2. Save the offending tweets using a service like Storify – ditto.
    3. Block and report the offending tweeter using the button on the screen. If enough people do this, it can result in their account being suspended temporarily. And, at the very least, you won’t have to see their nasty tweets any more.
    4. Send a direct message (DM) to the tweet chat organiser. They may be able to take action at the time or (more likely) afterwards. (You’ll both need to be following each other to be able to send a DM.)
    5. Email the tweet chat organiser with copies of the offending tweets.
    6. If warranted, report the matter to your local police. You’ll need copies of the offending tweets as evidence.
    7. If the offending tweets are from a professional (such as a doctor, nurse or solicitor) whose conduct online is governed by a code of professional conduct (like one of these), consider reporting them to their governing body. You’ll need evidence for this.
  • Someone’s spamming the hashtag / trying to derail the tweet chat!

    Sometimes someone will spam the hashtag or try to derail the tweet chat for their own purposes (eg to push their own agenda or promote a product). Consider whether any of the measures above may be appropriate (other than calling the police). Or just ignore the tweep.

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Here are some suggestions received earlier:

  • If in doubt … pause. – Ian Hulatt (twitter @IanHulattRCN)
  • Enlist someone to back you up in helping lead the chat to greet people, catch important questions or take over if you have technical problems. – Nedra Weinreich (twitter @Nedra)

If you have some personal favourite top tips for tweet chats or have comments on mine, let me know by adding them to the comments below – or tweet me!

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Tweet chats part 2: What to expect and some do’s and don’ts

3 Nov

Tweet tweet Cobalt 123

Last month, I put together a beginner’s guide to tweet chats. Here, I develop that further, sharing some more of the things I’ve learned along the way about tweet chats. The aim is to help those new to tweet chats to join in and get the most from them!

If you’ve ever wanted to take part in a tweet chat, wanted a few tips to help you along, or wanted to send someone else a guide to encourage them to join in, I’m hoping my tweet chat guides will be a good starting point. In part 1, I covered:

  • What is a tweet chat? – tweet chats in a nutshell
  • What’s in it for me? – what can I gain from participating in a tweet chat?
  • How do I follow a tweet chat? – how do I sign up and join in?
  • How do I find tweet chats?

Here in part 2, I cover:

  • Tweet chat do’s and don’ts – some suggestions for getting the most from your tweet chats
  • What can I expect during a tweet chat? – The 8 stages of a (well-run) tweet chat. This might also be helpful if you’re thinking of running your own tweet chat

If you have some personal favourite top tips for tweet chats or have comments on mine, let me know by adding them to the comments below – or tweet me!

[Update: Here’s tweet chats part 3]

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Tweet chat do’s and don’ts:

Here are my suggestions for getting the most from tweet chats.

  • Have fun! … Or at least get something positive from it.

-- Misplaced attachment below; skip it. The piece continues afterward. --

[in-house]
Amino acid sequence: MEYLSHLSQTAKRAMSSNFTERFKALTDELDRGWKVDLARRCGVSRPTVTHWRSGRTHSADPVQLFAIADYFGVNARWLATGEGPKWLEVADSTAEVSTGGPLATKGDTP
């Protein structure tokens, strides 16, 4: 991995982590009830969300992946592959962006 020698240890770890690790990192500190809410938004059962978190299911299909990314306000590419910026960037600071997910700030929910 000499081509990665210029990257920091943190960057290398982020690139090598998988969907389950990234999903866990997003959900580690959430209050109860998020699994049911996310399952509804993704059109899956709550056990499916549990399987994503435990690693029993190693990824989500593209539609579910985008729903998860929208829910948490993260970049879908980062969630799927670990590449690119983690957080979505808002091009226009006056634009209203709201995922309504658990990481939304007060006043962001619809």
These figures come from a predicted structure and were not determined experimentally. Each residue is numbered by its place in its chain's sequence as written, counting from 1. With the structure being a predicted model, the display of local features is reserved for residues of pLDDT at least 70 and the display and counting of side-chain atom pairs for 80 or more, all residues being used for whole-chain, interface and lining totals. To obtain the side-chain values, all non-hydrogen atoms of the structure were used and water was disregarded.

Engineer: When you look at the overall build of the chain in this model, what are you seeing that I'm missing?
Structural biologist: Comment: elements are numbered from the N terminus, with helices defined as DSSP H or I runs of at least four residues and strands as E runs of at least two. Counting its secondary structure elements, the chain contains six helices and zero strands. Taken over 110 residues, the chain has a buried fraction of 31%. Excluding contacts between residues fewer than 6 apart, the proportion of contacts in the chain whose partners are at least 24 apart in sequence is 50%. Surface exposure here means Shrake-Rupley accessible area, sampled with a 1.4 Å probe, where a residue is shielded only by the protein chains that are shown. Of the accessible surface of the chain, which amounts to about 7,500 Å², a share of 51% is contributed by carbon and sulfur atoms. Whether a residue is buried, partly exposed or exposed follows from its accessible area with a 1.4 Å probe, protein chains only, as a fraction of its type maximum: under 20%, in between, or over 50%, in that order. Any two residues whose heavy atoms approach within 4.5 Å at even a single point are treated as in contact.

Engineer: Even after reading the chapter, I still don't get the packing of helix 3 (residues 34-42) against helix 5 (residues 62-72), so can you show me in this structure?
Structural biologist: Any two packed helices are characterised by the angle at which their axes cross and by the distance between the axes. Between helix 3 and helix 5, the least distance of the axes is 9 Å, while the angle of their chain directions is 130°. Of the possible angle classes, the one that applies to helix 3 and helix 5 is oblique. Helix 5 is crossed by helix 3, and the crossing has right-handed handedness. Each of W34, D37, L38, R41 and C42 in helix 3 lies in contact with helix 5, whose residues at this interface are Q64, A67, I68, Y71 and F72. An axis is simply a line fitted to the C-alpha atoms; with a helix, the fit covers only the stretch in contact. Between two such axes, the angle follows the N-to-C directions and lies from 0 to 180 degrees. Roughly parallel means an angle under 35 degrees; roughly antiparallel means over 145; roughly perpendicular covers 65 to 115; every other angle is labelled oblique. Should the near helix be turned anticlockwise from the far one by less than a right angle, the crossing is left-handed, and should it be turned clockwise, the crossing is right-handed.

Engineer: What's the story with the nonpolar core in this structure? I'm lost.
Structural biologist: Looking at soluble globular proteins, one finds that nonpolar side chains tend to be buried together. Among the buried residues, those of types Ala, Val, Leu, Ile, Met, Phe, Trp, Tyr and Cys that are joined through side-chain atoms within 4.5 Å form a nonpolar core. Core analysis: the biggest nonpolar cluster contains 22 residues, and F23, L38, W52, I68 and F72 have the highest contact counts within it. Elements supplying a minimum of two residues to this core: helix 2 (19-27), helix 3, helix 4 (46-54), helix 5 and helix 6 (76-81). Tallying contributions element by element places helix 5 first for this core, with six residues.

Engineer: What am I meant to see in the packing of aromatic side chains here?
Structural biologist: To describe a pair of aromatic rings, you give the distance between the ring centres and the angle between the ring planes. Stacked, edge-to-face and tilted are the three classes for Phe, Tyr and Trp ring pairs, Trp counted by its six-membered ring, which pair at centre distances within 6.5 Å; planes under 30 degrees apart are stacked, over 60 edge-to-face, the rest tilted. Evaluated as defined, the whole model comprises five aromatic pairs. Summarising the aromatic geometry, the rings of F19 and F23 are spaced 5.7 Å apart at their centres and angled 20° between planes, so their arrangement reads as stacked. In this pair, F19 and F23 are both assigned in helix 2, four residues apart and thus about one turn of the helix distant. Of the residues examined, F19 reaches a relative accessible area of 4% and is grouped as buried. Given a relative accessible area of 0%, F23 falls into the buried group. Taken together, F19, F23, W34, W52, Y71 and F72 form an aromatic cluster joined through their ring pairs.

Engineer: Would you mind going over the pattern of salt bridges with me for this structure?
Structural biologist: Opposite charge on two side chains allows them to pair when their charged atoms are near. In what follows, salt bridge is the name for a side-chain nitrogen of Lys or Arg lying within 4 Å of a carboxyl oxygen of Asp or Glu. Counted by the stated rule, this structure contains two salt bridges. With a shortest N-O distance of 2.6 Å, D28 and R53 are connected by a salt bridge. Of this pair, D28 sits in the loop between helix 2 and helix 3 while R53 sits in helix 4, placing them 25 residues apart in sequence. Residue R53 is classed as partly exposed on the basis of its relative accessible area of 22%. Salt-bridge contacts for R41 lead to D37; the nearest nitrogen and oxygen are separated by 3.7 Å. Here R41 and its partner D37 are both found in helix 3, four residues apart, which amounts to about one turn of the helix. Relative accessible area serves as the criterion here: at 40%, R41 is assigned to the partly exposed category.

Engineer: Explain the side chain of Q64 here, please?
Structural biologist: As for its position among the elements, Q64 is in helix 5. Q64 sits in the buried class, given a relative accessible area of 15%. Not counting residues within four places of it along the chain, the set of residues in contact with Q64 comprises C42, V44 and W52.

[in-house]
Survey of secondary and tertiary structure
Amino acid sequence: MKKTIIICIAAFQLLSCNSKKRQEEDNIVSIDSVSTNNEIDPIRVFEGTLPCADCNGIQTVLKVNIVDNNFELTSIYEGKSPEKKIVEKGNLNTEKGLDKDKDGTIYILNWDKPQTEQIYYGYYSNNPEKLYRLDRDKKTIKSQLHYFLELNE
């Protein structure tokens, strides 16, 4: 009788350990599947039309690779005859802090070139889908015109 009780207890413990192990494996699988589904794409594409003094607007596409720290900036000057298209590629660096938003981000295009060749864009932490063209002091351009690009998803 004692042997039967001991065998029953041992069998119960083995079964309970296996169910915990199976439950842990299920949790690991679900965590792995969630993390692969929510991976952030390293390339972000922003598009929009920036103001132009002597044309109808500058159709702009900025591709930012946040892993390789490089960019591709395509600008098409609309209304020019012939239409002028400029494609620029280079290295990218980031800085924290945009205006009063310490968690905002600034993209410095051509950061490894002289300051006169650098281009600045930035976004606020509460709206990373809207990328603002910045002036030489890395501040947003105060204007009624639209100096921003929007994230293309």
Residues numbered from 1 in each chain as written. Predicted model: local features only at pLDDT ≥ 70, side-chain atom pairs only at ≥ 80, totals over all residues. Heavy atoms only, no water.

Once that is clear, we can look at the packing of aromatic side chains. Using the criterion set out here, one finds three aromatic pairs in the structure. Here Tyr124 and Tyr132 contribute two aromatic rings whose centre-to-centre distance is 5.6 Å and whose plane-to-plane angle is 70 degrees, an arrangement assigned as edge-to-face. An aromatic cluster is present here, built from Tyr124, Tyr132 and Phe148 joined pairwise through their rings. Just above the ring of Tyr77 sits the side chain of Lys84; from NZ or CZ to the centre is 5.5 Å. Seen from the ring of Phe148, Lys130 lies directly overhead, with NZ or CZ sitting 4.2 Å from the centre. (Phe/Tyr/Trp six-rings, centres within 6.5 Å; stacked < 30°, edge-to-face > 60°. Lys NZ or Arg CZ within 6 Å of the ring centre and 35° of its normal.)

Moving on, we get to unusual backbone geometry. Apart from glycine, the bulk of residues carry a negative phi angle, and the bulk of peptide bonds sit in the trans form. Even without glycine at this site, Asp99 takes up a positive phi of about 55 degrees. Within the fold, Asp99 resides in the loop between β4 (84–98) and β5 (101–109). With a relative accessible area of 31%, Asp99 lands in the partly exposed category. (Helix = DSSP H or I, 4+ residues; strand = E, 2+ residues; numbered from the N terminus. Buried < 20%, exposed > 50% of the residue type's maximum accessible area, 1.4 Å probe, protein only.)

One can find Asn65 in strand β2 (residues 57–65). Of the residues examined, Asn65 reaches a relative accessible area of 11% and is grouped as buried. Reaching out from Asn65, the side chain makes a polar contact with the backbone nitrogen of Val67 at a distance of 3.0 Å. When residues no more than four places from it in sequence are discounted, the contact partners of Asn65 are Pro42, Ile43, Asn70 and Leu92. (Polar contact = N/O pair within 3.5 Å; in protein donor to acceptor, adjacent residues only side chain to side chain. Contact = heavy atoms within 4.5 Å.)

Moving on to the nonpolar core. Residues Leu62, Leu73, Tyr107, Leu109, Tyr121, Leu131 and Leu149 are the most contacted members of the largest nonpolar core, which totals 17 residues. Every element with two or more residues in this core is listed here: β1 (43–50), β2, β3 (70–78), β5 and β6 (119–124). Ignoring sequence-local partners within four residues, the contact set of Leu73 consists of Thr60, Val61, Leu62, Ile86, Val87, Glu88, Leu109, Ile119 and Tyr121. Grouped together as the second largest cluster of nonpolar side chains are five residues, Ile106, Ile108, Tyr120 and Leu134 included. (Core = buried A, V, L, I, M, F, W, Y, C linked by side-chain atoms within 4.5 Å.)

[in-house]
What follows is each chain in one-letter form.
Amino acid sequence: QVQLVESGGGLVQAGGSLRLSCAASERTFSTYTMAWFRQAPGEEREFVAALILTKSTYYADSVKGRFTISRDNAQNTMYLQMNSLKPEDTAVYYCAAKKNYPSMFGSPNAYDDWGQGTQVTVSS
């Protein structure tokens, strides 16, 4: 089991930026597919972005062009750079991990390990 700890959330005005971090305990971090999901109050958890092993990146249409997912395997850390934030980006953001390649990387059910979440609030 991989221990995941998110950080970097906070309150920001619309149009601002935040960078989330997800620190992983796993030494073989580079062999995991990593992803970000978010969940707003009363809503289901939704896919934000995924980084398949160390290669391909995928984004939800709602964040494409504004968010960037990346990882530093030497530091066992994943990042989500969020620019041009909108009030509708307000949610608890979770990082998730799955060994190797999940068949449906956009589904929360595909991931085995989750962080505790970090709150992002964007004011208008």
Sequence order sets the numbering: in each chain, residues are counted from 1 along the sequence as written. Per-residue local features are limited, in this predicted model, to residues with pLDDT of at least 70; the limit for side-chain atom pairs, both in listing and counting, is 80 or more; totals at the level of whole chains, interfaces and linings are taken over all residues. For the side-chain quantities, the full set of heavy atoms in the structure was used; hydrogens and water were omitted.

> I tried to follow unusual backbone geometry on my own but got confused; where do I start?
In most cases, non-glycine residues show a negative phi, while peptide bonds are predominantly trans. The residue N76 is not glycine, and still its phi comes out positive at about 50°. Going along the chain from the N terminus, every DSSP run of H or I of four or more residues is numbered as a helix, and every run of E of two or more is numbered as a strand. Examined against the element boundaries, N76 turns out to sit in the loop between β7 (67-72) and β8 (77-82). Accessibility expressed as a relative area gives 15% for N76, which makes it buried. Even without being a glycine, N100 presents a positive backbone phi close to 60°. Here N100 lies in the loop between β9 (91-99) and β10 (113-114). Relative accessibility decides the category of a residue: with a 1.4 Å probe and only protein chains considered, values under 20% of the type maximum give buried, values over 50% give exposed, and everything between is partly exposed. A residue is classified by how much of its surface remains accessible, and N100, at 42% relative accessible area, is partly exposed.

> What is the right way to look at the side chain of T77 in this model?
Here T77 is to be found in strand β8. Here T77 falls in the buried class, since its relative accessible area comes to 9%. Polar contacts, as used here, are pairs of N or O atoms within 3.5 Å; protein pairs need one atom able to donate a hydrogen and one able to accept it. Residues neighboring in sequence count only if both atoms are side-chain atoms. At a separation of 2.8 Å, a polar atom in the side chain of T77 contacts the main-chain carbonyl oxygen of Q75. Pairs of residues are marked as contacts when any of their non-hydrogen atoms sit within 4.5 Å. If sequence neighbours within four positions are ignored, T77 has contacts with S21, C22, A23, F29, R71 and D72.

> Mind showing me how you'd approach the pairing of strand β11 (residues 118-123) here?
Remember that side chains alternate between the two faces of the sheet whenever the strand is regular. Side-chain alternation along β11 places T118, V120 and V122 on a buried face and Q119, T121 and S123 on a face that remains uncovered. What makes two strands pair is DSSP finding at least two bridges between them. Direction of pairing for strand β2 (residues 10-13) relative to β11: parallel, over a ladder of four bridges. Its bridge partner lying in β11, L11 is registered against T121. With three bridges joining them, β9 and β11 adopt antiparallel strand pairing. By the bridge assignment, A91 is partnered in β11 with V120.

• Use the hashtag. Use the hashtag. Use the hashtag. Er so, in other words, remember to use the hashtag in every tweet. That way, peeps following the tweet chat in tweetchat.com or equivalent (see part 1) will see your contribution to the conversation. No hashtag, no visibility in the tweet chat. Simples.
  • Don’t be afraid to ask! If you have a “stupid question”, there are bound to be others with the same query too.
  • Encourage and help others. You’ll soon learn that Twitter people love to help others. And, soon enough, you’ll be offering your own advice and examples to newbies too.
  • Debate – don’t argue. Do feel free to disagree and engage in robust debate! On the other hand, don’t turn it into an argument or slanging match.
  • Give people the benefit of the doubt. It’s easy for misunderstandings to arise in 140 characters, especially in a fast moving tweet chat.
  • Take care of yourself. Tweet chats can sometimes be pretty intense and stimulating – a bit of a bear pit – especially the popular ones. Is this what you need right now? Sometimes, it’s a good idea to just lurk – you can always catch up later with the transcript.
  • To swear or not to swear – it’s a contentious issue. Some feel uncomfortable with swearing in tweet chats, finding it aggressive and rude, and will back off from engaging. Some feel strongly that Twitter should be a reservoir of courtesy and will claim the moral high ground if “language” is used: for them, one swear word is enough to invalidate any otherwise valid point you may have made. Forever. So be warned.
  • If you’re a professional, be professional. Take a look at your professional code of conduct (if you have one) for advice on how to conduct yourself on Twitter. Some professional duties apply at all times, even when off duty.
  • Respect the topic. Tweeps have come together to discuss a particular topic, so keep your contribution relevant. Questions and comments are encouraged, but please don’t try to derail the focus of the chat. If it’s a topic you’re unsure of, maybe read up a little in advance so you can get something out of it. If unsure, consider contacting the tweet chat organiser in advance for guidance.